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Belarus Economy

    Economy—overview: Belarus has seen little structural reform since 1995, when President LUKASHENKO launched the country on the path of "market socialism". In keeping with this policy, LUKASHENKO re-imposed administrative controls over prices and currency exchange rates and expanded the state's right to intervene in the management of private enterprise. This produced a climate hostile to private business, inhibiting domestic and foreign investment. The Government of Belarus has artificially revived economic output since mid-1996 by pursuing a policy of rapid credit expansion. In a vain attempt to keep the rapidly rising inflation in check, the government placed strict price controls on food and consumer products, which resulted in food shortages. Long lines for dairy products, chicken, and pork became common in the closing months of 1998. With the goal of slowing down the devaluation of the Belarusian ruble, LUKASHENKO in 1997 introduced a new, complex system of legal buying/selling hard currencies. The new "command" system proved to be totally unworkable and resulted in galloping devaluation. In addition to the burdens imposed on businesses by high inflation and an artificial currency regime, businesses have also been subject to pressure on the part of central and local governments, e.g., arbitrary changes in regulations, numerous rigorous inspections, and retroactive application of new business regulations prohibiting practices that had been legal. A further economic problem is the sizable trade deficit.

    GDP: purchasing power parity—$53.7 billion (1998 est.)

    GDP—real growth rate: 7% (1998 est.)

    GDP—per capita: purchasing power parity—$5,200 (1998 est.)

    GDP—composition by sector:
    agriculture: 20%
    industry: 43%
    services: 37% (1997 est.)

    Population below poverty line: 77% (1997 est.)

    Household income or consumption by percentage share:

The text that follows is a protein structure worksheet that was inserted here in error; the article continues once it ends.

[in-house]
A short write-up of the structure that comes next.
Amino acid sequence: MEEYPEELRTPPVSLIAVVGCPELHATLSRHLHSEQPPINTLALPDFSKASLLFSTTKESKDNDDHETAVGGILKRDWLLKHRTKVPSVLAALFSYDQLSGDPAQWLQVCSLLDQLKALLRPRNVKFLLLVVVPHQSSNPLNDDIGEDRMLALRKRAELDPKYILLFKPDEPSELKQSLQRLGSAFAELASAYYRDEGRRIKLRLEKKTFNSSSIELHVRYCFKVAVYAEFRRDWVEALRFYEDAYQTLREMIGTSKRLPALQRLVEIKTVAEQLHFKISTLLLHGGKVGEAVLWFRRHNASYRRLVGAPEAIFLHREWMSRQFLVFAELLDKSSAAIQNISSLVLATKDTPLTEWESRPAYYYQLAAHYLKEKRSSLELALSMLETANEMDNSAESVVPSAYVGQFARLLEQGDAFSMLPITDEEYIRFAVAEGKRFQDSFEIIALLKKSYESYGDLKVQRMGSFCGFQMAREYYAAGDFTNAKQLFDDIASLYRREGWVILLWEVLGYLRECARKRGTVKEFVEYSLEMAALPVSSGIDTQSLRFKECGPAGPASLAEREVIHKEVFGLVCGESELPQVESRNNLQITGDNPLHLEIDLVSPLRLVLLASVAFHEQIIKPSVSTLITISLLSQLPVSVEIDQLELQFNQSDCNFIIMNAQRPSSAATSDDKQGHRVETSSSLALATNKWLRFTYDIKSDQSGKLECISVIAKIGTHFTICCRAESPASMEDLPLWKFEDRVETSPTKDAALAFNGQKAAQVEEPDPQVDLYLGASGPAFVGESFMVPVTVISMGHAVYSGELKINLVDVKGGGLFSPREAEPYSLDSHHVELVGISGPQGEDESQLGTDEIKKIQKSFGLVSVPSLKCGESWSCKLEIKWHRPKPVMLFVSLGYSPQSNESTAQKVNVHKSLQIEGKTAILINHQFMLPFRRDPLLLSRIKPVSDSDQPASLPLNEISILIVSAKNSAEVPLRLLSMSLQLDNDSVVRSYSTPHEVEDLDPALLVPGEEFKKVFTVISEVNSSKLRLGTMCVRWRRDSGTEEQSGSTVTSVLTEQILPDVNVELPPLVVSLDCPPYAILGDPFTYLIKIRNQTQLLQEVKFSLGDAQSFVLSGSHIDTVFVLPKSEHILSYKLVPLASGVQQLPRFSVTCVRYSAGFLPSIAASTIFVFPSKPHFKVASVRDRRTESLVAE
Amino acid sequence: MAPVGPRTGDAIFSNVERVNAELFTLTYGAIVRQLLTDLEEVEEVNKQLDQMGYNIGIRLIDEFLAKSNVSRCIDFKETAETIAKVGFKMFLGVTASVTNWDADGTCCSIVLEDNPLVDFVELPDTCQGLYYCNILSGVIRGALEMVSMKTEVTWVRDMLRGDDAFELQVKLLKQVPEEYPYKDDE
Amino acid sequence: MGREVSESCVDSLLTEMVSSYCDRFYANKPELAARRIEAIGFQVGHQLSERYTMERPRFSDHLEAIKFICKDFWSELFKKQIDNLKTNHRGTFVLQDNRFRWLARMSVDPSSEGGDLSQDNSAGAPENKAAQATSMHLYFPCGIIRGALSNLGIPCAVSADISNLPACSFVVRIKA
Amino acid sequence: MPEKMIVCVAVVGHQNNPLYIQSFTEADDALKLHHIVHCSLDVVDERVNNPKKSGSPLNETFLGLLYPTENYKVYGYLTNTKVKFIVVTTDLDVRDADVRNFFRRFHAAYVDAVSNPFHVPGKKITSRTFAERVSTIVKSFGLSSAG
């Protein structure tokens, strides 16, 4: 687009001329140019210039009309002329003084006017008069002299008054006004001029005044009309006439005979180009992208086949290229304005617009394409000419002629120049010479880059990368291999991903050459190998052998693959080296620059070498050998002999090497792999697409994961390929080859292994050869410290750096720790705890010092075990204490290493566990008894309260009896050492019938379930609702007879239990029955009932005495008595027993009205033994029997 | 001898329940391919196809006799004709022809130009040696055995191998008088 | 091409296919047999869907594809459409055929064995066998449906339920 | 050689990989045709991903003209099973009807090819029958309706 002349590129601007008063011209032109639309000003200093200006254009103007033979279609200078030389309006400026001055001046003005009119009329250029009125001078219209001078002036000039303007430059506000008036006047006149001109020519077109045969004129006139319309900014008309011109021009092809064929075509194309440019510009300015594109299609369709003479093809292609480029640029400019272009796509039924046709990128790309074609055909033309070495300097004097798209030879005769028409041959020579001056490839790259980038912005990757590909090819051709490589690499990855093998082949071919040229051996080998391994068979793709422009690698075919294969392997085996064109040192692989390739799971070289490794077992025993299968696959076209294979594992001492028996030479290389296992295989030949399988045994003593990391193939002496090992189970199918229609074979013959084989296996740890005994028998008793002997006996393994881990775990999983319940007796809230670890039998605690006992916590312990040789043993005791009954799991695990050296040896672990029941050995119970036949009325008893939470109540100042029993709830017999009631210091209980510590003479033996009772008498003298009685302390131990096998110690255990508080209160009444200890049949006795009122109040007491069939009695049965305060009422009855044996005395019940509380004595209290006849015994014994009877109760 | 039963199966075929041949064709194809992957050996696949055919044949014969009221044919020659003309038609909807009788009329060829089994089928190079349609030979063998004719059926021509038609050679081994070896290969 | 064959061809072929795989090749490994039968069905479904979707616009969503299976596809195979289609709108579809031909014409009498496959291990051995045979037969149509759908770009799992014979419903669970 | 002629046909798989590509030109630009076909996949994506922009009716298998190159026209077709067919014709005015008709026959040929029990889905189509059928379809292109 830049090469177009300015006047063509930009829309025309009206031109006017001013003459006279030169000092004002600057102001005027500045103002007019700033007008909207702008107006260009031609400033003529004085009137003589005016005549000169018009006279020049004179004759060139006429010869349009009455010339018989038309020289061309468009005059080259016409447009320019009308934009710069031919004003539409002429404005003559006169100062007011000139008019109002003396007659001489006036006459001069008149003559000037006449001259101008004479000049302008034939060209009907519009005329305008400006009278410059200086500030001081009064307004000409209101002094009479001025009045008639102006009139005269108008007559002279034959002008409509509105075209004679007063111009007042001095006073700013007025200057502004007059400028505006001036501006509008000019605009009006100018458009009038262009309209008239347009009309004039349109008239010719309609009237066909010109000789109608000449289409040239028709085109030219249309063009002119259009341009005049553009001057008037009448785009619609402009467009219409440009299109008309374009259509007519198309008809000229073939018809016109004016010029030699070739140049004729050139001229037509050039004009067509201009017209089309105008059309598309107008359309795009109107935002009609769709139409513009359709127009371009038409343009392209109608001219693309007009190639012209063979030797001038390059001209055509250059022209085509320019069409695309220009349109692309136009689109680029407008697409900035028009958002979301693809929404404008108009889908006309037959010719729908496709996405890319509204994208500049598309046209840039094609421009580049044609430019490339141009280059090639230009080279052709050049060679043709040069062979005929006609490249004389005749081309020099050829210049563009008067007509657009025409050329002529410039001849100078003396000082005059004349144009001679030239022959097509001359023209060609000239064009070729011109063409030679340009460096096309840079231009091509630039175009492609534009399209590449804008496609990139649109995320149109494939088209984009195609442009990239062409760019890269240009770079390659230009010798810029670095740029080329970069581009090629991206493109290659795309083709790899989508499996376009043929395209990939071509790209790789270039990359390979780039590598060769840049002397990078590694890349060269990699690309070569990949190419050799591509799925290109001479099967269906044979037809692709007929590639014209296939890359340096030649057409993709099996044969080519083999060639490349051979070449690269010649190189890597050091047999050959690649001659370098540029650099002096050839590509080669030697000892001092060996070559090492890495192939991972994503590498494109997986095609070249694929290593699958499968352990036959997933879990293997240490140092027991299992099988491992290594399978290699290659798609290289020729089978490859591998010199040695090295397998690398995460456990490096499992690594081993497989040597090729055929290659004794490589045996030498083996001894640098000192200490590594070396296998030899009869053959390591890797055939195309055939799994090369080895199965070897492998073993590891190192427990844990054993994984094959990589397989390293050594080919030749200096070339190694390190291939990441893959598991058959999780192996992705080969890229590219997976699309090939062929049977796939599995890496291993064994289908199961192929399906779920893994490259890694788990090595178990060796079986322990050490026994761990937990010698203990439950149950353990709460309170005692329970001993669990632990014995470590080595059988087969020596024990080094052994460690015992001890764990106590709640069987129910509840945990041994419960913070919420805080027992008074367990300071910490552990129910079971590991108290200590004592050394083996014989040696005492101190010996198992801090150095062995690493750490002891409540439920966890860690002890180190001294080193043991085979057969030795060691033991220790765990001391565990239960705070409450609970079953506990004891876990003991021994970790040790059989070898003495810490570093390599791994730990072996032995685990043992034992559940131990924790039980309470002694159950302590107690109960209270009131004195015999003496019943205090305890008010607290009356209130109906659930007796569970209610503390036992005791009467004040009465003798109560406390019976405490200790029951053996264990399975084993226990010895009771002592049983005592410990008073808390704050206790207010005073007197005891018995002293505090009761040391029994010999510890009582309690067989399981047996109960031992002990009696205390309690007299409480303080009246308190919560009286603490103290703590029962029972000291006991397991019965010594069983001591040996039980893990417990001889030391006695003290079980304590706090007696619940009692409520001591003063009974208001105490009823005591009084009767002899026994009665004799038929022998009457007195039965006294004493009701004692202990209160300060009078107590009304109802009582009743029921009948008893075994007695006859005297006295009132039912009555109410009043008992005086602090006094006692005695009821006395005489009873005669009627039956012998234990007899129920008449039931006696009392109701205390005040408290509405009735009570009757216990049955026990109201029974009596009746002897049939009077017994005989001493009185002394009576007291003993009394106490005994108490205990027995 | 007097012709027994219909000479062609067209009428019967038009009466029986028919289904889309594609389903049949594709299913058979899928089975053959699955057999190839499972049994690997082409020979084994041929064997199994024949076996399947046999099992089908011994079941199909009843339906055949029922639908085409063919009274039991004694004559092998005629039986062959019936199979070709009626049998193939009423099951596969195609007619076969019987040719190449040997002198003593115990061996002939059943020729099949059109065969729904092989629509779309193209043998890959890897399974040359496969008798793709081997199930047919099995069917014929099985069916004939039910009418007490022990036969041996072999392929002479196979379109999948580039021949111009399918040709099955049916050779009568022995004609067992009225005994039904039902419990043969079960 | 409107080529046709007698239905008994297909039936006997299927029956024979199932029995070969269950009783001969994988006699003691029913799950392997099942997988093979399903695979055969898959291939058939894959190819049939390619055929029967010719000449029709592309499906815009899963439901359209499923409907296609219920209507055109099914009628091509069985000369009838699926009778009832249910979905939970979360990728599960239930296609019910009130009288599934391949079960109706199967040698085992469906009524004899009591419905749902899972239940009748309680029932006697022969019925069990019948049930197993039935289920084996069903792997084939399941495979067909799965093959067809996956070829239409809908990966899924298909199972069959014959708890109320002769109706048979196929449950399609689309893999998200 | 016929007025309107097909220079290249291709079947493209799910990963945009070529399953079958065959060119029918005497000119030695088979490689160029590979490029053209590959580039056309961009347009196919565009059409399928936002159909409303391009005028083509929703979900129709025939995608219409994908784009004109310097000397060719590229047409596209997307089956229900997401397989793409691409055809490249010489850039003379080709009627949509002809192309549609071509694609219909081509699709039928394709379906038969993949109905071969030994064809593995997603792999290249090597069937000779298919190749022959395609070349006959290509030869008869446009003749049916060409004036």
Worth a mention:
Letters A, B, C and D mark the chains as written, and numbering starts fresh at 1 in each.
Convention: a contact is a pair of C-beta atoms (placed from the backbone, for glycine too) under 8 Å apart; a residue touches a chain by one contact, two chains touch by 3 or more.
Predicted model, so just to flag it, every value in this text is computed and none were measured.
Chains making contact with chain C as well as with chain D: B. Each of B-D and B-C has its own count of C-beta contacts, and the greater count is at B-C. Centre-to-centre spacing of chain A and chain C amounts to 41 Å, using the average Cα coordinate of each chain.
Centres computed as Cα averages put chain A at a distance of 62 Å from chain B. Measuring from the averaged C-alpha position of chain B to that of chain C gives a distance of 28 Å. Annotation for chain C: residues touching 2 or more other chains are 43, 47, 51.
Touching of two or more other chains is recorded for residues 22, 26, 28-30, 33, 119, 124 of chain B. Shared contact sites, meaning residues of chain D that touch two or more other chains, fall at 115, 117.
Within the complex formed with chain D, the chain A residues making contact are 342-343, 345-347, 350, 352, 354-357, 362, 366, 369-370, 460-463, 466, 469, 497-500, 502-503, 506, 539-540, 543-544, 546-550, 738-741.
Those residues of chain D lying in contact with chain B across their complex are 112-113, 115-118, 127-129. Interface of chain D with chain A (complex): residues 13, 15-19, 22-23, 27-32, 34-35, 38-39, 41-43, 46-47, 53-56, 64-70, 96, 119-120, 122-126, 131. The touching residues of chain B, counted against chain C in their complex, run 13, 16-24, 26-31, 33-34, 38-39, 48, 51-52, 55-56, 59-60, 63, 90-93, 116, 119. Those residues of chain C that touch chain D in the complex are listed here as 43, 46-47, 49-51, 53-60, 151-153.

lowest 10%: 4.9%
    highest 10%: 19.4% (1993)

    Inflation rate (consumer prices): 182% (1998)

    Labor force: 4.3 million (1998)

    Labor force—by occupation: industry and construction 40%, agriculture and forestry 19%, services 41% (1997 est.)

    Unemployment rate: 2.3% officially registered unemployed (December 1998); large number of underemployed workers

    revenues: $4 billion
    expenditures: $4.1 billion, including capital expenditures of $180 million (1997 est.)

    Industries: tractors, metal-cutting machine tools, off-highway dump trucks up to 110-metric-ton load capacity, wheel-type earth movers for construction and mining, eight-wheel-drive, high-flotation trucks with cargo capacity of 25 metric tons for use in tundra and roadless areas, equipment for animal husbandry and livestock feeding, motorcycles, television sets, chemical fibers, fertilizer, linen fabric, wool fabric, radios, refrigerators, other consumer goods

    Industrial production growth rate: 11% (1998 est.)

    Electricity—production: 26.1 billion kWh (1998)

    Electricity—production by source:
    fossil fuel: 99.92%
    hydro: 0.08%
    nuclear: 0%
    other: 0% (1997)

    Electricity—consumption: 33.7 billion kWh (1997)

    Electricity—exports: 2.7 billion kWh (1997)

    Electricity—imports: 10.3 billion kWh (1997)

    Agriculture—products: grain, potatoes, vegetables, sugar beets, flax; beef, milk

    Exports: $7 billion (f.o.b., 1998)

    Exports—commodities: machinery and transport equipment, chemicals, foodstuffs

    Exports—partners: Russia, Ukraine, Poland, Germany

    Imports: $8.5 billion (c.i.f., 1998)

    Imports—commodities: fuel, natural gas, industrial raw materials, textiles, sugar, foodstuffs

    Imports—partners: Russia, Ukraine, Poland, Germany

    Debt—external: $1.03 billion (1998 est.)

    Economic aid—recipient: $194.3 million (1995)

    Currency: Belarusian rubel (BR)

    Exchange rates: Belarusian rubels per US$1—139,000 (25 January 1999 official Belarusian exchange rate), 46,080 (2nd qtr 1998), 25,964 (1997), 15,500 (yearend 1996), 11,500 (yearend 1995), 10,600 (yearend 1994)

    Fiscal year: calendar year

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Revised 1-Mar-99
Copyright © 1999 Photius Coutsoukis (all rights reserved)